A dark, grisly, intricate tale of a mafia-type family. Full of action, violence, brutality, familial intrigue and peripheral sex. Pretty much what a reader expects from this genre. Not to say it is predictable or mundane. It is able to still be full of surprising twists and turns.

The problem for me? No body was sympathetic! The main character Daniel tries but just can't pull off likability.  Every character had such unforgivable flaws that it was difficult to root for any. Just when you are ready to sympathize with a character, they participate in something that destroys their humanity and connect-ability. After finishing Woodcutter I decided, "I don't like any of these people". But that is okay because the story is interesting and engaging and well written. It held my interest and kept me guessing (wrongly as usual).

If you like good ol' shoot'em up violence, extreme brutality, mafia-esque honor and loyalty, all inflicted by unlikable characters, Woodcutter is the ticket. It wasn't a problem that it was set in England rather than a more mafia style location like New York or Chicago. A good read all around by Shaun Baines. Enjoy!


Friday, June 1, 2018


Icarus (The Noble Trilogy Book 1) by [Hulegaard, David K.]

I won a print copy of Icarus the first book in The Noble Trilogy by David K. Hulegaard in a Goodreads Giveaway.

Icarus is a great start to an ongoing story of mystery, murder, noir detective, with overtones of political/military/alien subversive activity. This first entry leaves a lot of unanswered questions; the most intriguing being who the bad guys actually are.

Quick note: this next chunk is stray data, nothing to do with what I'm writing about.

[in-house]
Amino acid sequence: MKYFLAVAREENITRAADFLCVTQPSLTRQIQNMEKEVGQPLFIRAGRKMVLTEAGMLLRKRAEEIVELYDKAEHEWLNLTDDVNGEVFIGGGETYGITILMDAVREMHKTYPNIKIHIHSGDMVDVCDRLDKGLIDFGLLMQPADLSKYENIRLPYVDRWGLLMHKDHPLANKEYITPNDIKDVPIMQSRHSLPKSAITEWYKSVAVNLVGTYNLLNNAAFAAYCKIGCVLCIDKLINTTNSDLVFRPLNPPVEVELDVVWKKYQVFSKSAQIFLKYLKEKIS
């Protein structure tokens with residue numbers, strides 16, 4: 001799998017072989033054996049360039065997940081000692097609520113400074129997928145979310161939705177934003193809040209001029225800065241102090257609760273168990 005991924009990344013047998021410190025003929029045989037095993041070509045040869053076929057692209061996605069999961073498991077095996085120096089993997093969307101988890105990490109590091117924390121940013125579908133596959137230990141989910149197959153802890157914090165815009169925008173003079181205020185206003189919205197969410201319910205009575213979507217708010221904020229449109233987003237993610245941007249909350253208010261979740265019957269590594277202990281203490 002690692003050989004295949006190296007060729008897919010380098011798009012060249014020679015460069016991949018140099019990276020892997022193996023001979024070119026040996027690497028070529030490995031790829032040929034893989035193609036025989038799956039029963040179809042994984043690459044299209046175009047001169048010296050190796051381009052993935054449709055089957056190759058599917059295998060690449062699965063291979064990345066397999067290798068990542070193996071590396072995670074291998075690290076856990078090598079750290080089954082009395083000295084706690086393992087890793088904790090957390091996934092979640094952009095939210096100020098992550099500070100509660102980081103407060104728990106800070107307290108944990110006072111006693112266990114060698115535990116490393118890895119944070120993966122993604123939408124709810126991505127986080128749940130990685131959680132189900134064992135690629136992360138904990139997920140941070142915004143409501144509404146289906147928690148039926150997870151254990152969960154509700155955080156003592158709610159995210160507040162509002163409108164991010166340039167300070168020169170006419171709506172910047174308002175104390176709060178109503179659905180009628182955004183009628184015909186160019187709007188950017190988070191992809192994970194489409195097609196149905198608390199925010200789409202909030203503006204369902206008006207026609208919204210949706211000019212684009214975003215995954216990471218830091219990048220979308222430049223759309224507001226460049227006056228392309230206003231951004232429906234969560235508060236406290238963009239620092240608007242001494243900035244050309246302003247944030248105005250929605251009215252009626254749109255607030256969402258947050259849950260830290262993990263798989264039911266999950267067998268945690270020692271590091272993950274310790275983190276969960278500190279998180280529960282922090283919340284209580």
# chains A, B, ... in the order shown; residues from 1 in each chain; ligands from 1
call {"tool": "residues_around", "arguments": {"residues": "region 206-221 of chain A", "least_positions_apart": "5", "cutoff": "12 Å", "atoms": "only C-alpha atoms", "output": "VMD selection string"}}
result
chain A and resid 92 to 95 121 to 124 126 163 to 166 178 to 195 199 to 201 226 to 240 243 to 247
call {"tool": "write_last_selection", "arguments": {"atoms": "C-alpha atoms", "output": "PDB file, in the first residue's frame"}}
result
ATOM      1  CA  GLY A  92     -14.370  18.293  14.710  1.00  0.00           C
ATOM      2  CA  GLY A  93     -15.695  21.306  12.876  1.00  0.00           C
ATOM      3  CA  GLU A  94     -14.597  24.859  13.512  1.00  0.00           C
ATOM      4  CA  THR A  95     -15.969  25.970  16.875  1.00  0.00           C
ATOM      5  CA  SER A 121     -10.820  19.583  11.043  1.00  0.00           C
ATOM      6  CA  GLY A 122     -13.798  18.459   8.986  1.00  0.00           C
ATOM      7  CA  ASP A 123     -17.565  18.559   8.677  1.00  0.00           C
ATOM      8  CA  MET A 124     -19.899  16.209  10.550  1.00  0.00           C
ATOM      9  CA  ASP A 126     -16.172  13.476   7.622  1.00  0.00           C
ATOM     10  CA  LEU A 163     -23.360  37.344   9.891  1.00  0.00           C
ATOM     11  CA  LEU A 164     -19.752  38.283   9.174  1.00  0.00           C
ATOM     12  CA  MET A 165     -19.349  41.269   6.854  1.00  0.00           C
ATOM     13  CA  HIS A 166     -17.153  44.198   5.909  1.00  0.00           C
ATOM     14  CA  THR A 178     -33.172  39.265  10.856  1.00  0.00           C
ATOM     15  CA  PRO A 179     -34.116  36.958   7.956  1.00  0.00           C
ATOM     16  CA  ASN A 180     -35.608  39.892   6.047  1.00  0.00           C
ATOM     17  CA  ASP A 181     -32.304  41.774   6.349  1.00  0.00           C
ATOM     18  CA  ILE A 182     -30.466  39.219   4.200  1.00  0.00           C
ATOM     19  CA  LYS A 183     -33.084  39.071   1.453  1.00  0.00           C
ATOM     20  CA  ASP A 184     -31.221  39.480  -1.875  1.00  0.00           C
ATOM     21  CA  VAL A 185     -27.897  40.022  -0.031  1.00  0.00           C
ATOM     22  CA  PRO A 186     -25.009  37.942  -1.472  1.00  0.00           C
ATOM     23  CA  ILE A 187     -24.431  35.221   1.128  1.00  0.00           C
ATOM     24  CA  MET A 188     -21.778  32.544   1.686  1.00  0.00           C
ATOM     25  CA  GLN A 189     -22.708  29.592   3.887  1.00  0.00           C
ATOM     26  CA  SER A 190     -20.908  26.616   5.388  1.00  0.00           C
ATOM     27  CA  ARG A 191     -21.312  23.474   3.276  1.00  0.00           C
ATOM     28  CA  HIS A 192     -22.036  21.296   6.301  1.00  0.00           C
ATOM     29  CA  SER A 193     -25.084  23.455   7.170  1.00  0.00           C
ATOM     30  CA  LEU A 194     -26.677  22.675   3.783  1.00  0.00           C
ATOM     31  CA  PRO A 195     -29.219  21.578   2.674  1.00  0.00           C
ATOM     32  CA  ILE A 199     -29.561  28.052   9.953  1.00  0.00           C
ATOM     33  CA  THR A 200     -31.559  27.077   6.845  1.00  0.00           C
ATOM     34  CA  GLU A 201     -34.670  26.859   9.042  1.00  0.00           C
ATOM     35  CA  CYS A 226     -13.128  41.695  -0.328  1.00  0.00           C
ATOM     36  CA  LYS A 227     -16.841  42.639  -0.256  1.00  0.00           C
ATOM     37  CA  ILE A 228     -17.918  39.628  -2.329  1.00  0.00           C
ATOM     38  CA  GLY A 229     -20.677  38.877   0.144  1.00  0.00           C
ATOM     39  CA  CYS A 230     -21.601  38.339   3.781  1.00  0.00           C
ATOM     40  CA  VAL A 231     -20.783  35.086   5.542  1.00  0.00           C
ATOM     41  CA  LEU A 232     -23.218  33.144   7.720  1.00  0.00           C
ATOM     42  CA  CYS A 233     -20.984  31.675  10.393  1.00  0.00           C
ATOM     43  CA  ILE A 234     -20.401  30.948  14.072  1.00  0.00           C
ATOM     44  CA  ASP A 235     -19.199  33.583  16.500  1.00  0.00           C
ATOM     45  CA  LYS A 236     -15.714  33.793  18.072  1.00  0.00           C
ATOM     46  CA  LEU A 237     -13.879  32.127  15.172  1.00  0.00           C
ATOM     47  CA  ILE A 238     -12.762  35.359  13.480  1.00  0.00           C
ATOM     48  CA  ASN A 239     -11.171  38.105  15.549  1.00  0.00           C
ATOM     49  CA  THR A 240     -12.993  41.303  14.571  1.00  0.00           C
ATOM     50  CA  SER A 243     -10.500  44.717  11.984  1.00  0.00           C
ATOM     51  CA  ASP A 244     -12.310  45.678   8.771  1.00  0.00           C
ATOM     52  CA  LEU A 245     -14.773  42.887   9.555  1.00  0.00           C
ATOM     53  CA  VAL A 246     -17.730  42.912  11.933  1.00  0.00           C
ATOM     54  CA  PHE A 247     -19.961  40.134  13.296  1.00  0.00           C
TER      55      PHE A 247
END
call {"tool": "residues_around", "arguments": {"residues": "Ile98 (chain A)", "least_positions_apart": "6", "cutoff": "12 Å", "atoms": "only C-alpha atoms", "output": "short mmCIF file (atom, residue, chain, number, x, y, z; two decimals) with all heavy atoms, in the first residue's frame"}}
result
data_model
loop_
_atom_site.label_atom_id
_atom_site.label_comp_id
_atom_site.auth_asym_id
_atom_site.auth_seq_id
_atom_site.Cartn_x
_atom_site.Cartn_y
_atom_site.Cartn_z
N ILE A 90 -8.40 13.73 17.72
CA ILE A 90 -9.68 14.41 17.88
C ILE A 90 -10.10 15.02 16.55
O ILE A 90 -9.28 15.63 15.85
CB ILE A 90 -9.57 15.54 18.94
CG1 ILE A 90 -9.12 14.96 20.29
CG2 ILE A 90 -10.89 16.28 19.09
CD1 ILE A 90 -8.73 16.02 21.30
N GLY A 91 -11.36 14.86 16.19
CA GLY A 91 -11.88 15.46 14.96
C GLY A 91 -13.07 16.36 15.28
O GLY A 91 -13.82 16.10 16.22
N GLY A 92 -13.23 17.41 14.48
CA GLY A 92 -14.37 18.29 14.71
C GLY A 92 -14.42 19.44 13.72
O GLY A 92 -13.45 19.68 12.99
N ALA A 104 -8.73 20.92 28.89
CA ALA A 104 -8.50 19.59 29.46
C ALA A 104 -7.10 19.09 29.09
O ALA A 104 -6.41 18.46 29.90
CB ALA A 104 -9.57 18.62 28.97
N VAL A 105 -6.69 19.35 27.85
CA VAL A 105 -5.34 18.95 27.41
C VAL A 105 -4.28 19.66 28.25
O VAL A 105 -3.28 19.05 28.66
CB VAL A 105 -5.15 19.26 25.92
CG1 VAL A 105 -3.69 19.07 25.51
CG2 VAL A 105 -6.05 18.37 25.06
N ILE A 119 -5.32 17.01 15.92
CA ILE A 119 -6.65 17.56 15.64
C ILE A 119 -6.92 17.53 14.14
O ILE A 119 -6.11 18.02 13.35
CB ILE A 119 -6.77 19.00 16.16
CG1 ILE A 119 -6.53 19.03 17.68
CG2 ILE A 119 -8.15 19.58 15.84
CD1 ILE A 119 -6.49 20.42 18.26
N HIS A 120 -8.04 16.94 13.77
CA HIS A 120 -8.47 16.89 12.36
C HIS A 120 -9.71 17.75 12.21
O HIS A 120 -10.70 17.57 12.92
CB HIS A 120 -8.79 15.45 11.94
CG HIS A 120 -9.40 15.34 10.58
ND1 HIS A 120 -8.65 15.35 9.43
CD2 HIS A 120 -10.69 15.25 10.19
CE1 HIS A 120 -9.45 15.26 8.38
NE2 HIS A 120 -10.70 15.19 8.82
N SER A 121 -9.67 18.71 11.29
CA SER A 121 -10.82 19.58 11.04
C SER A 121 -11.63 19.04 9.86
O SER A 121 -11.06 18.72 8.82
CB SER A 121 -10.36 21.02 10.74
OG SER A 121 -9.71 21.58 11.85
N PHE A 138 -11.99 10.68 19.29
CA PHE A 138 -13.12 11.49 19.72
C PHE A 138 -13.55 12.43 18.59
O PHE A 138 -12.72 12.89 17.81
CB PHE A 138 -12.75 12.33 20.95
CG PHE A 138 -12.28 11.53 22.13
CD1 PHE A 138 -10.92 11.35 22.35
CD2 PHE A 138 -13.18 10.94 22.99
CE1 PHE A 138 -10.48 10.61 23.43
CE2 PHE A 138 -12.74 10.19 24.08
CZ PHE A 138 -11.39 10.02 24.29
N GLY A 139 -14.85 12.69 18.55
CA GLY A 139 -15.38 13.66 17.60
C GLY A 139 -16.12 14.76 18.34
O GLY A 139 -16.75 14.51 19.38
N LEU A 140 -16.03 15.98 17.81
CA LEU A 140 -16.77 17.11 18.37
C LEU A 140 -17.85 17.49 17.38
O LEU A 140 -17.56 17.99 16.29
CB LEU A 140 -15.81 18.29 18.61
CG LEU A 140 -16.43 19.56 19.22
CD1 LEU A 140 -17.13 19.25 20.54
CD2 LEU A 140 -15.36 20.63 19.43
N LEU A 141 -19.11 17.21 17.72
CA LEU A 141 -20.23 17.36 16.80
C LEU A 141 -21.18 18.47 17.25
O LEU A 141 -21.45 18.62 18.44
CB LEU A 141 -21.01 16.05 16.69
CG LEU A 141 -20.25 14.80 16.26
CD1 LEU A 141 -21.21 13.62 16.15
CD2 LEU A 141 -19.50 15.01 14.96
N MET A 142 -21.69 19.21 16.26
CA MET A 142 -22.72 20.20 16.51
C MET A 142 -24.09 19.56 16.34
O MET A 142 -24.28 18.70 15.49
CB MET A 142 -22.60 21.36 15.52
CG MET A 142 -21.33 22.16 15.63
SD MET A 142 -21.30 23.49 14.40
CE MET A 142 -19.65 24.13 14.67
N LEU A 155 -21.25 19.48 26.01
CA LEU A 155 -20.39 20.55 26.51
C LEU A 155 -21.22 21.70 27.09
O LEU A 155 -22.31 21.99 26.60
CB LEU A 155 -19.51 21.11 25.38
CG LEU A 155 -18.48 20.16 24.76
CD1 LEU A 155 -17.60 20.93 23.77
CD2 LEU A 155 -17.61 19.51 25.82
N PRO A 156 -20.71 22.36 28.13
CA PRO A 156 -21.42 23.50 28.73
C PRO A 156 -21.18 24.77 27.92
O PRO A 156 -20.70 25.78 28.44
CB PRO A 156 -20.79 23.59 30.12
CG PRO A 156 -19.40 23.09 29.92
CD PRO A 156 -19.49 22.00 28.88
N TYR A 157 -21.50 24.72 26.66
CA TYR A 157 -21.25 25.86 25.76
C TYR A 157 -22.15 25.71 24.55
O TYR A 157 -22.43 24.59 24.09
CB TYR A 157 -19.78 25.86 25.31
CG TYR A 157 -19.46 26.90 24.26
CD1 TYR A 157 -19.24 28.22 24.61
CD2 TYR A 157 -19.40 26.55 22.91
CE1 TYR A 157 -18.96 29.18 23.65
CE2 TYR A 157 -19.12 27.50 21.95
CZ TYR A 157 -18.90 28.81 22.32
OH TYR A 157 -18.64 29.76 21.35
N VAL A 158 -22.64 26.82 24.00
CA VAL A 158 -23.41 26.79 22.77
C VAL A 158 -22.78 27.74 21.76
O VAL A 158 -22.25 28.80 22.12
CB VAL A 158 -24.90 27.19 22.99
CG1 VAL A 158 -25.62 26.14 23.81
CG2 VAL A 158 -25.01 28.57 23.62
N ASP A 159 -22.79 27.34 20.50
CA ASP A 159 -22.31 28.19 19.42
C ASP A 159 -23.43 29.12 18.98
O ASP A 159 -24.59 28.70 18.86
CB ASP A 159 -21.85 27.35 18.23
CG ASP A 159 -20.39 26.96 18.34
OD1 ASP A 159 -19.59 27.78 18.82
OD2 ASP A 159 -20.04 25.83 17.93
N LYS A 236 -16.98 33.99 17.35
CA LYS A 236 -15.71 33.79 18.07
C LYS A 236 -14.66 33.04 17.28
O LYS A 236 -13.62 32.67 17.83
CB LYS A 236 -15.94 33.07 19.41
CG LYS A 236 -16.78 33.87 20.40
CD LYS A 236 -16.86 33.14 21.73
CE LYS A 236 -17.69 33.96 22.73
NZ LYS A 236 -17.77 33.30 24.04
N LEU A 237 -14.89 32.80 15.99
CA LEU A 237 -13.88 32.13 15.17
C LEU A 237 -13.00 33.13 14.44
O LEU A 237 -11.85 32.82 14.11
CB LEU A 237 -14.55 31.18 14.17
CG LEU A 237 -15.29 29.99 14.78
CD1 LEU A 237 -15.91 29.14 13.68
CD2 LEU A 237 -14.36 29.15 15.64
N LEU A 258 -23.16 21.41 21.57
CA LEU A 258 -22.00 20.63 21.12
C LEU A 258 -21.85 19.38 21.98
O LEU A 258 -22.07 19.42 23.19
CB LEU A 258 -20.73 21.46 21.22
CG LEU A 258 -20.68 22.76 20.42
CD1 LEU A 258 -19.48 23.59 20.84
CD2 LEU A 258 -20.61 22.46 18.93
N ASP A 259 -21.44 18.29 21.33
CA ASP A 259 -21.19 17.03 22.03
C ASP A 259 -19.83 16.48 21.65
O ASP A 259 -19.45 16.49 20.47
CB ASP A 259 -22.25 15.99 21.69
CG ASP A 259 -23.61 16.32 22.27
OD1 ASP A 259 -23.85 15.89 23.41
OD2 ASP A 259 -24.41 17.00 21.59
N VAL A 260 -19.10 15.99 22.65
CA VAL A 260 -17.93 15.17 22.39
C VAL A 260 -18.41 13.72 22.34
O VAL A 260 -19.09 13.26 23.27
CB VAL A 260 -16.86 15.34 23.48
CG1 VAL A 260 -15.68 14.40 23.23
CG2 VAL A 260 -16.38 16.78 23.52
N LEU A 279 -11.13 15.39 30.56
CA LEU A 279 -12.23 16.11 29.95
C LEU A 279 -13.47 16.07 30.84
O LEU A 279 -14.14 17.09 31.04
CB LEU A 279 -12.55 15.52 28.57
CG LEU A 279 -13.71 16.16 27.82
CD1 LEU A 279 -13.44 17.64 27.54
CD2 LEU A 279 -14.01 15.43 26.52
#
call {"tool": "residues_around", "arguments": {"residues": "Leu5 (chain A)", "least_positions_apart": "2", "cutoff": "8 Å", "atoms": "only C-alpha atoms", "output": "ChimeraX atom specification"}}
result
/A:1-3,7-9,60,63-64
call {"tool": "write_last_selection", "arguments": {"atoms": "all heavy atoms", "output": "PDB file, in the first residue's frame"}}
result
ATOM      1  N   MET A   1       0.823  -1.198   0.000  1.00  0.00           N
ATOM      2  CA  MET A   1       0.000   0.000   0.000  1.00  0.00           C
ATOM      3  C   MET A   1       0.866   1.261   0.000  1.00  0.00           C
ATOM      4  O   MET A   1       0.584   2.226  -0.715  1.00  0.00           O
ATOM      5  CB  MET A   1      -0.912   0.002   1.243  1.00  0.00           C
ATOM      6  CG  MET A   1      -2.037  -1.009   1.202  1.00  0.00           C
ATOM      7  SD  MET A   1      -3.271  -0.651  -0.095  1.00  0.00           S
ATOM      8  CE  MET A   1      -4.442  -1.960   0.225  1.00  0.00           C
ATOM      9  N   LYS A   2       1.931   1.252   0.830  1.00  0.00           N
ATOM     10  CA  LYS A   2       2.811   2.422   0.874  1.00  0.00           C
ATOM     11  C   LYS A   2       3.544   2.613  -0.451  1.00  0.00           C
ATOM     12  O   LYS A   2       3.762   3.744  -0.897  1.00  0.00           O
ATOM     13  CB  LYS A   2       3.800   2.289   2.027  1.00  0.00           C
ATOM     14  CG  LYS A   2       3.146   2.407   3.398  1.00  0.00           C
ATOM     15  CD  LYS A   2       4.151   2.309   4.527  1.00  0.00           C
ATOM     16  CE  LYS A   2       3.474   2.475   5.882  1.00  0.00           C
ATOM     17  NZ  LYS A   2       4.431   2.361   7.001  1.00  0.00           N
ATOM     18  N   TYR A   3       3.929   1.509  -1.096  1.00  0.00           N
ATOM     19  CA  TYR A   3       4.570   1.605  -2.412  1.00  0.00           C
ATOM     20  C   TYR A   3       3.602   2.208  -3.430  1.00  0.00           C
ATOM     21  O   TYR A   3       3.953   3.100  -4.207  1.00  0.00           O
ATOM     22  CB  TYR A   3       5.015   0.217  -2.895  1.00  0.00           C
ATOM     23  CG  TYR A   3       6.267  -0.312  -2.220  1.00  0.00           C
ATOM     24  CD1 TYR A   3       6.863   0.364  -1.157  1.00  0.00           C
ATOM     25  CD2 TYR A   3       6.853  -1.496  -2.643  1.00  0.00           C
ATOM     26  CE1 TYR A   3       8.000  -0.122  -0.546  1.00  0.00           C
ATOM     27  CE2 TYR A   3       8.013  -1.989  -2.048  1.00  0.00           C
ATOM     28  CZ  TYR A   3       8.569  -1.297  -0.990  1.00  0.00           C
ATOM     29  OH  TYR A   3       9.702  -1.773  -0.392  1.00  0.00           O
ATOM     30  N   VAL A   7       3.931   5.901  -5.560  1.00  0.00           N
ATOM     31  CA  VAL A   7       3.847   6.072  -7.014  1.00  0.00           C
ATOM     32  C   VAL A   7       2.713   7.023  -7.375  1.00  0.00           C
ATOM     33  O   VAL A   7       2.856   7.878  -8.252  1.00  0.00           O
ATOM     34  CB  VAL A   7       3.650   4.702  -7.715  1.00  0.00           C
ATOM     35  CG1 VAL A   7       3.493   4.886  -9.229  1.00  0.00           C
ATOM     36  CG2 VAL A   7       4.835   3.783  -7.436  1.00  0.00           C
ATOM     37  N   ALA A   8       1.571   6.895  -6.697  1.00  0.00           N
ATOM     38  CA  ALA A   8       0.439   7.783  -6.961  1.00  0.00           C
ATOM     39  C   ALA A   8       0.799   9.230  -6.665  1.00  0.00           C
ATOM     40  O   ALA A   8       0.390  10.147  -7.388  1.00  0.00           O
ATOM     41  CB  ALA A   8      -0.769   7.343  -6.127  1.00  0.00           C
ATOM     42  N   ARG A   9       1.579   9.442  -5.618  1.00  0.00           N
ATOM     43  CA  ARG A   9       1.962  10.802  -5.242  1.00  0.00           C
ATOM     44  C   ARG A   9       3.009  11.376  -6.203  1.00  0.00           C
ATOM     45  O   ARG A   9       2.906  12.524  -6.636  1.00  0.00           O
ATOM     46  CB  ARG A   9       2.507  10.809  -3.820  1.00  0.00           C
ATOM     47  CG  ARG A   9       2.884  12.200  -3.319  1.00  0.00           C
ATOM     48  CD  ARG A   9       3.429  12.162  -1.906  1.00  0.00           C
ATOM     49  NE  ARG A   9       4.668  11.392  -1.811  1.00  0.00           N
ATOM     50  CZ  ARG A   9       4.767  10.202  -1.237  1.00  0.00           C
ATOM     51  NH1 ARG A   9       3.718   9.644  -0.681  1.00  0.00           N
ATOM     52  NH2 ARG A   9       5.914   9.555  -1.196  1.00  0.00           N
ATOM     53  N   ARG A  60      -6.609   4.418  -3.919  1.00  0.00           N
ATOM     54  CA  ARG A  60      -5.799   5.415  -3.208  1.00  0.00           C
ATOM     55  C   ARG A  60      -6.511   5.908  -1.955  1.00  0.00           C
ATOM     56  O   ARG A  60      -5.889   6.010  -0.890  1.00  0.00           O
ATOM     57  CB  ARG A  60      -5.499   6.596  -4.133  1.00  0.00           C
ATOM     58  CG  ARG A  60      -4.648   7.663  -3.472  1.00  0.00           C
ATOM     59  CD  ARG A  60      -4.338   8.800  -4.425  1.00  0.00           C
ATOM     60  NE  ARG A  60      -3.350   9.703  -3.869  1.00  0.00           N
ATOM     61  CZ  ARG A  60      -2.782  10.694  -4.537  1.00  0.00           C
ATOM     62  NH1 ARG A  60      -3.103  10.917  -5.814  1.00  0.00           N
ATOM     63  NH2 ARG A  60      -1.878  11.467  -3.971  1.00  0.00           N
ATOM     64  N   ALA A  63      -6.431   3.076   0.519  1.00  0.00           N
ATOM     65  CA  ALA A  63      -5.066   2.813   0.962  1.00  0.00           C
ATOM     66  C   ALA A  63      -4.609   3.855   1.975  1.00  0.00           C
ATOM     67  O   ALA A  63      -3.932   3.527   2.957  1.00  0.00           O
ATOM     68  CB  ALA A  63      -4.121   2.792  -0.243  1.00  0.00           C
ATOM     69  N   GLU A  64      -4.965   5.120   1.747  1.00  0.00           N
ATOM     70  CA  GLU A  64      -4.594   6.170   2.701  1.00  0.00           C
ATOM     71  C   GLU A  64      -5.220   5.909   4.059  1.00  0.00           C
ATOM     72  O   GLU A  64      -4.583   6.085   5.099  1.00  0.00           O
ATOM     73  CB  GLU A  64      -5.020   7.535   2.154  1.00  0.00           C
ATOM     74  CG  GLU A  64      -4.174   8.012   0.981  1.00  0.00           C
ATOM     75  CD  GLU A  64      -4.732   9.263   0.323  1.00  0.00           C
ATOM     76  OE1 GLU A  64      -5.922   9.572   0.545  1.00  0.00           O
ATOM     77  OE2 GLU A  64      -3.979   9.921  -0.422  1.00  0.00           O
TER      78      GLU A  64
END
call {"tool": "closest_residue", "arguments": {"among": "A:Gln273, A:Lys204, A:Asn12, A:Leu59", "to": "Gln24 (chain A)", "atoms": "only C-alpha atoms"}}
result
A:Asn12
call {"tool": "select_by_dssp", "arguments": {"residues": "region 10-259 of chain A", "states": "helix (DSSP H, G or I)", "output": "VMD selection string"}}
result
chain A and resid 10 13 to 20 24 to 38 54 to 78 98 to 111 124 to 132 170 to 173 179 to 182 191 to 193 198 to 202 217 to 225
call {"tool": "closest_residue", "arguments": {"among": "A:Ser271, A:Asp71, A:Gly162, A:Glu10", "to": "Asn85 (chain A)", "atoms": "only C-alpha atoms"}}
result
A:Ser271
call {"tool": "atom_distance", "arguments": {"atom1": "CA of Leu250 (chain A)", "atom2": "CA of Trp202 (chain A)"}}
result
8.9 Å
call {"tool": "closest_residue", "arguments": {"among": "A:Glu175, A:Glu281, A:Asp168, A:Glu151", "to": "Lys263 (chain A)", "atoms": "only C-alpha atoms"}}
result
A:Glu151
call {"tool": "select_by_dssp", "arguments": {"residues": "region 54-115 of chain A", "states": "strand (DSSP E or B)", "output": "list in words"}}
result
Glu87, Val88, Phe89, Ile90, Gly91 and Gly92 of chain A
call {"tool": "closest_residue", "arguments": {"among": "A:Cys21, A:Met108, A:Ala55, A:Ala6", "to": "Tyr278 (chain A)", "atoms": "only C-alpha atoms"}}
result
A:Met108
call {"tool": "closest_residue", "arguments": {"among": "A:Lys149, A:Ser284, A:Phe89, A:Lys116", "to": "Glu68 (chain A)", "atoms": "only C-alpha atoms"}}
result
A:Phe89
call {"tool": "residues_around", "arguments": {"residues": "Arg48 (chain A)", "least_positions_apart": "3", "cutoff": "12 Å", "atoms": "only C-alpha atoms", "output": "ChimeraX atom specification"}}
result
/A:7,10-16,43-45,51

Not predictable at all for me. (Mini spoiler) I was shocked by the demise of who I thought were main characters. This just tells me there are a lot of twists and turns to come.

Set in the late 40's, we have a not-very-hard-boiled detective (Miller Brinkman) caught up in a colossal world shattering secret operation. By the end of this first book we are not sure of who is actually in control of the sinister agenda. 

A lot of character development in the form of flashbacks. A lot of story yet to be developed. Perhaps a bit slow in the beginning (not enough to make me want to stop reading), I was thoroughly hooked before long.   

Icarus does employ the ever vilified cliffhanger ending, although given the flow of the story I have a hard time seeing how it could have been avoided. Author Hulegaard has an engaging style, keeping the reader interested in the story, while building the suspense and terror (oh yes, there's terror). I really liked Icarus, Book 1 of The Noble Trilogy by David K. Hulegaard and am looking forward to continuing on Miller Brinkman's investigation. Enjoy!


Demons of Eden

Demons of Eden #37 in the Deathlands Series by house name James Axler was part of a Christmas present this past December (thanks Wil & Jenn).

This series is my own guilty pleasure. I love post-apocalyptic fiction. I don't much care how it happened, I just like to read the survival stories. As an early entry in the series, Demons of Eden fills the bill nicely. 

Our band of companions meet up with a character from earlier adventures and enter the world of native-american mysticism. As often is the case, they encounter what could be a paradise only to uncover the hidden sickness.

The characters are true to their continuing depictions. We have the usual shoot-em up violence, life threatening danger and even some tenderness. Nice blend. Light on the evil mutations they often encounter. In short, pretty much a believable story line. At 346 pages, a bit longer than the usual 316. 

In my opinion, one of the better series entries. Enjoy!